Growing asters

Asters do have a reputation for being prone to mildew that can turn their leaves an unattractive grey.

We were told that the novi-belgii group are the most susceptible, not least because they are shallow-rooted and therefore dry out quickly during the summer.

Helen suggested a garlic foliar spray was one method of treatment – though it is essential to cover all the foliage – and division every three years would help to keep plants vigorous.

asters
Helen is the third generation to run Old Court Nurseries

Varieties with smooth leaves were more likely to get mildew than those with rough leaves, she added.

The majority need open, sunny positions to flower well, although a few are tolerant of shade.

Other cultivation tips included hiding the “naked bottoms” of the New England asters.

“They are definitely back of the border plants. Give them a nice skirt of something more interesting.”

What to choose

If you’re looking for something that will be smothered in flowers, the compact ‘Gulliver’ is a good choice. It grows to around 45cm and has mauve blooms.

Another small aster is ‘Purple Dome’, which again gets to around 45cm high, and has large purple flowers.

“It needs as much sun as you can give it,” advised Helen.

asters
The Picton Garden displays the National Collection

For arching flower sprays, Helen recommended the species asters, such as ‘Photograph’, which has smaller, pale blue flowers

“It is more relaxed in habit and mixes better with other perennials.”

‘King George’ had a rapid name change after it was introduced as Kaiser Wilhelm in 1914 and is now a popular variety. Its large purple flowers are loved by hoverflies and butterflies. Upright growing, it is mildew-free but needs good winter drainage.

One of the blowsiest is ‘Fellowship’, which has masses of pale pink double flowers. It grows to around 100cm and is one of the more mildew-resistant of the New York asters.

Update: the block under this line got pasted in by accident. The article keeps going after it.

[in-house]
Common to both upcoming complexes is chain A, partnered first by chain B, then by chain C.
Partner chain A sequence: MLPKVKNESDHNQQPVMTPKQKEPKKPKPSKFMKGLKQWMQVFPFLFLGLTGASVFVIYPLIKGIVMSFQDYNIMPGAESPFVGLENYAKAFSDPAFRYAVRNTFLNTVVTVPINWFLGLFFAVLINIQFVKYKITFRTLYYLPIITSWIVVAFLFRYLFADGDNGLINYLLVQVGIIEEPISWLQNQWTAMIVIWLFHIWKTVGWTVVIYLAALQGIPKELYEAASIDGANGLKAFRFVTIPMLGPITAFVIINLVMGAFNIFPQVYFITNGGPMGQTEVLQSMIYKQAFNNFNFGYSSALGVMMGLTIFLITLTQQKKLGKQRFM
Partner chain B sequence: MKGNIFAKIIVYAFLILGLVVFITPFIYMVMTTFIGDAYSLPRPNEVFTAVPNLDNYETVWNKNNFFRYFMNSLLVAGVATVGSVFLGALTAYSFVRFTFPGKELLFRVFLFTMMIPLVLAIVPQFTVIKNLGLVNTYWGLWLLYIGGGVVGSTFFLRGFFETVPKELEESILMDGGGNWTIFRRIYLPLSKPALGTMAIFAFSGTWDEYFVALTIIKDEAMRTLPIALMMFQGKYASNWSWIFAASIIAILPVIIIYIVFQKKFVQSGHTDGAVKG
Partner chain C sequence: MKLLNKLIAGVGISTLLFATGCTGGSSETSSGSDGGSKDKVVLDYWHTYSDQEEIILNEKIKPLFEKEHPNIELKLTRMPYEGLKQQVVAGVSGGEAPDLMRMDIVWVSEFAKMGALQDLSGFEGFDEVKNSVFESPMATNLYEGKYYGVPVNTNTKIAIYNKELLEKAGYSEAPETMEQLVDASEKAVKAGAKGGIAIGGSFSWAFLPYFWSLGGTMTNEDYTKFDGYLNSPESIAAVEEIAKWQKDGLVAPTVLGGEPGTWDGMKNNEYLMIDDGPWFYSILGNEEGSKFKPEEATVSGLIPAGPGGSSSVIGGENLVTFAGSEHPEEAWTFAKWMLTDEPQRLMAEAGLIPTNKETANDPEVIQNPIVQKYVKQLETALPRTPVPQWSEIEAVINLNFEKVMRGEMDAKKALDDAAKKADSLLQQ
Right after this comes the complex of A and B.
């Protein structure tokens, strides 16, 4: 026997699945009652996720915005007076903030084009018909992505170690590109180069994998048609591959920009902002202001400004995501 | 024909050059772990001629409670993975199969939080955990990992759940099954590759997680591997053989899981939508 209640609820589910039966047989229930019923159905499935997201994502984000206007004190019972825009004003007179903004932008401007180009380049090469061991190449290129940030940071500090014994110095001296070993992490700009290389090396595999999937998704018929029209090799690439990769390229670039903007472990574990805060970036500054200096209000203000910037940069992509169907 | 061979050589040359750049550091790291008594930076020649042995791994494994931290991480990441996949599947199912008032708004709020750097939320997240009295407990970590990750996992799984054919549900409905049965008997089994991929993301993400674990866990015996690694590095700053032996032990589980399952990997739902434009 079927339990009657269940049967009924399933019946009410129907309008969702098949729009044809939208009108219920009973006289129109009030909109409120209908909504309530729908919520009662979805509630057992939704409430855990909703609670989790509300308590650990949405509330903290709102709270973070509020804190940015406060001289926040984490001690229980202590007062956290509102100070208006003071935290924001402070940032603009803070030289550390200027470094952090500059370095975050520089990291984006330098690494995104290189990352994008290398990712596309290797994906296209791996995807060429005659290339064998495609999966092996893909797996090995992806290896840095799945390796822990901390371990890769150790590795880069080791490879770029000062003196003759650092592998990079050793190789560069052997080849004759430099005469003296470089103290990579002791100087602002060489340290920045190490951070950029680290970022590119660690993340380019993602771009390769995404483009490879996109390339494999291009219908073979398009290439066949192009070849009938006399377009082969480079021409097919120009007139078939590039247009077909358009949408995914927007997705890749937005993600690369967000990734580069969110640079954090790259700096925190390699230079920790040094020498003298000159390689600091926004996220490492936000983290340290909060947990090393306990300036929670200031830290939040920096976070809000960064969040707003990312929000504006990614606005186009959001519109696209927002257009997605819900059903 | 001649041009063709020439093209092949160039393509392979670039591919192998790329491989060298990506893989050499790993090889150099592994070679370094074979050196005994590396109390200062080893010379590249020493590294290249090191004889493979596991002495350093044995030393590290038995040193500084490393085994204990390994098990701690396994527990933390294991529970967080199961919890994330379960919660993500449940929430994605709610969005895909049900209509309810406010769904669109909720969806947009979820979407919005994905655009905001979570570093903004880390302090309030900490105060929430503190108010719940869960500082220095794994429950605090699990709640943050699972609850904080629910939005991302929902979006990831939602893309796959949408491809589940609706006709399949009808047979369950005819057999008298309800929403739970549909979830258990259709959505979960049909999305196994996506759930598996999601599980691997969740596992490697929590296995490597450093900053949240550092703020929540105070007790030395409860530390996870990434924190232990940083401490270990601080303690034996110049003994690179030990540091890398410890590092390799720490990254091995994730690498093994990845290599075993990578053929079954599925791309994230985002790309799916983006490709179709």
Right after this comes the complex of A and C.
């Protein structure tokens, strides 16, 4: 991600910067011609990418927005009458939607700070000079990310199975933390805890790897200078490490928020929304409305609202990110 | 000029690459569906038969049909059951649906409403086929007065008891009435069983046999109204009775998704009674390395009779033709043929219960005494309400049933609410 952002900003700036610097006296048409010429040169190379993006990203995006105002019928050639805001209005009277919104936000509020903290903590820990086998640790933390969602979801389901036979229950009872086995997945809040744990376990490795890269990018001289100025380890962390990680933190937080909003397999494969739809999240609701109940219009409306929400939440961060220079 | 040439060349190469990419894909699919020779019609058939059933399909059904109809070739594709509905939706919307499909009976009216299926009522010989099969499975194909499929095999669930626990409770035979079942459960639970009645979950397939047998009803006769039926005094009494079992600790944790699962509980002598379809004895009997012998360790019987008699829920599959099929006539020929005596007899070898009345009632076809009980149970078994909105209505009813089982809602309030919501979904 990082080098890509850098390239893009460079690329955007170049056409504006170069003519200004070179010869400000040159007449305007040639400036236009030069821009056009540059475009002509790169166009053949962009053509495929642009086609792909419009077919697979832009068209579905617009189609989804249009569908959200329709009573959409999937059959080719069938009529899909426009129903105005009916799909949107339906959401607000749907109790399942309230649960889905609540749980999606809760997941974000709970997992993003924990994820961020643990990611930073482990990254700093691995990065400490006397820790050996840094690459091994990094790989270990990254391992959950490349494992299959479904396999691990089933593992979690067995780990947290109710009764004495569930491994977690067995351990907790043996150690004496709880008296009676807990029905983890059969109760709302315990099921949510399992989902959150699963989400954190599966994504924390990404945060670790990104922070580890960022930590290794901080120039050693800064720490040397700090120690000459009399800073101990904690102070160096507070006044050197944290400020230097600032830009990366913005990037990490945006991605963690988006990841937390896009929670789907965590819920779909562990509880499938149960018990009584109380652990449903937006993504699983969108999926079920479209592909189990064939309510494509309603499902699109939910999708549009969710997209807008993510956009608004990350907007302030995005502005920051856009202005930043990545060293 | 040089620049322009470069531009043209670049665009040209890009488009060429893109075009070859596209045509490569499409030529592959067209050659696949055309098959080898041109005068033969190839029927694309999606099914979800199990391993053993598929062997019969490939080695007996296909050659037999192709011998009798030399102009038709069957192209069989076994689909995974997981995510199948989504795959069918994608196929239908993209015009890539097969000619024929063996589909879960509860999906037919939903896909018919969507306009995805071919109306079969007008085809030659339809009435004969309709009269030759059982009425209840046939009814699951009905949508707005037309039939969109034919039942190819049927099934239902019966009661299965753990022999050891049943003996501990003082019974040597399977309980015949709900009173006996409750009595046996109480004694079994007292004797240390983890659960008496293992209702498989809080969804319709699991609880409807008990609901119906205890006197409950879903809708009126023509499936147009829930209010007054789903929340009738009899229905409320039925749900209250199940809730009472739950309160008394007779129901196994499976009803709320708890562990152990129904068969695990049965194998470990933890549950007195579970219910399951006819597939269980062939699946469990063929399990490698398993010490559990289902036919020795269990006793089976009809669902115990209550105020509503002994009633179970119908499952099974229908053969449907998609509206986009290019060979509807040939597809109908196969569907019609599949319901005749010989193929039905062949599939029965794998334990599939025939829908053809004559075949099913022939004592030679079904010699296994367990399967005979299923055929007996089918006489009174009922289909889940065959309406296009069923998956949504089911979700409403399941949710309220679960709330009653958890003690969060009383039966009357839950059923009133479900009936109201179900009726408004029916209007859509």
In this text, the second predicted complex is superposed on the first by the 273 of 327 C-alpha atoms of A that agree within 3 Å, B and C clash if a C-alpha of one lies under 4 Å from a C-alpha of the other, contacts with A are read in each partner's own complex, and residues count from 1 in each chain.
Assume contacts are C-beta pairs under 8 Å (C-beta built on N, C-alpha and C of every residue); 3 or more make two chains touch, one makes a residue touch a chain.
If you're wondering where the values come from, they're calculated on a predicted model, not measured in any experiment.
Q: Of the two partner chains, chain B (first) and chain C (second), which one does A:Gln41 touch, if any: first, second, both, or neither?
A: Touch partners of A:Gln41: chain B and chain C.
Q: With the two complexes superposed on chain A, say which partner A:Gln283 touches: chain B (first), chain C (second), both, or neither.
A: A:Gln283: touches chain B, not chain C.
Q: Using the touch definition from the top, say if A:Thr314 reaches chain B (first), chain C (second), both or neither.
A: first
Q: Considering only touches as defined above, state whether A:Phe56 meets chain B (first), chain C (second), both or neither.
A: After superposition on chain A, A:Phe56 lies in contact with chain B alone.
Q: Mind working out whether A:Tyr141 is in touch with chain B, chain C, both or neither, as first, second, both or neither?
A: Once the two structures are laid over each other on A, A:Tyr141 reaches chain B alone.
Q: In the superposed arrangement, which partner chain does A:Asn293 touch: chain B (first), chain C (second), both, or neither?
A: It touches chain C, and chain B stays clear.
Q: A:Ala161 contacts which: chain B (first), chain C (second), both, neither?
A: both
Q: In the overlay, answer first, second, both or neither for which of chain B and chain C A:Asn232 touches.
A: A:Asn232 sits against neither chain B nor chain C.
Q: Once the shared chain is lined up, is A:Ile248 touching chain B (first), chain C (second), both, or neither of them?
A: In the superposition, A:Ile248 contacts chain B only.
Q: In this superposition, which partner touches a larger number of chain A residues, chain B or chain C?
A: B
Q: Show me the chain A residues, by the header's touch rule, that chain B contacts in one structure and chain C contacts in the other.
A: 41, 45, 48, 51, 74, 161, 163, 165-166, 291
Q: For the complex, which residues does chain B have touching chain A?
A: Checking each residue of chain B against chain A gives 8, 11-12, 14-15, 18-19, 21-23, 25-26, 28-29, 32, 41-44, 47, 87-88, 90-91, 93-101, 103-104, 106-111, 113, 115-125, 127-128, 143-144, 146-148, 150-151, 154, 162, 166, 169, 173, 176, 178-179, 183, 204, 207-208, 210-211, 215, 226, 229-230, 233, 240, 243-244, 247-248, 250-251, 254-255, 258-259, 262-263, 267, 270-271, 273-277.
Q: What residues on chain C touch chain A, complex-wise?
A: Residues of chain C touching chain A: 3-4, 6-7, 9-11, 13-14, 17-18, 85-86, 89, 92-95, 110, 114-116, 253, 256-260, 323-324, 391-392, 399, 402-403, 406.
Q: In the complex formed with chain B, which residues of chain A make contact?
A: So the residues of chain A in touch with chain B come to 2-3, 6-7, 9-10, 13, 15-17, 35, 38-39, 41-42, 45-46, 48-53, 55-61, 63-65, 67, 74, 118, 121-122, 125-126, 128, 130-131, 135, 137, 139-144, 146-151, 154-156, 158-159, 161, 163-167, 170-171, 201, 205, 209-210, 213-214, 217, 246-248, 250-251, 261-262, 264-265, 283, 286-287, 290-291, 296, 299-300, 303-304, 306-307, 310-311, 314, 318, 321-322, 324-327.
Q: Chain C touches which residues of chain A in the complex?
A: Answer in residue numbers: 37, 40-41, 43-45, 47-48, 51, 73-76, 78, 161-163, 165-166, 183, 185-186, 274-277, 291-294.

asters
‘Fellowship’ produces a mass of double flowers

And, if you want something to tumble over a retaining wall, ‘Snow Flurry’, the only prostrate aster, might be the answer. It has long, horizontal flowering stems that are covered in tiny white flowers.

The Picton Garden and the National Collection of autumn flowering Asters and related genera is open until mid-October. For details and more information on Old Court Nurseries and growing asters see here

The next in the Allomorphic series of lectures is on November 11 when nurseryman Bob Brown of Cotswold Garden Flowers will be talking about his favourite plants. More details here

Acers fire up for autumn

Winter bedding and bulb-buying aside, autumn can be a quiet time for nurseries. There’s a sense of winding down, taking stock and starting to prepare for the next season. Yet for one independent nursery, October is the pinnacle of the year.

Howle Hill Nursery specialises in acers and autumn sees it explode into colour. Butter yellow, crimson, scarlet and orange are beginning to work their way across the nursery, near Ross-on-Wye, culminating in a fiery show.

‘Chitose-yama’ is turning a rich, dark red that glows in the sun, ‘Sango-kaku’, the coral-bark maple, is golden with pink tips, ‘Aoyagi’ is a pure yellow, while one of the best reds is ‘Osakazuki’.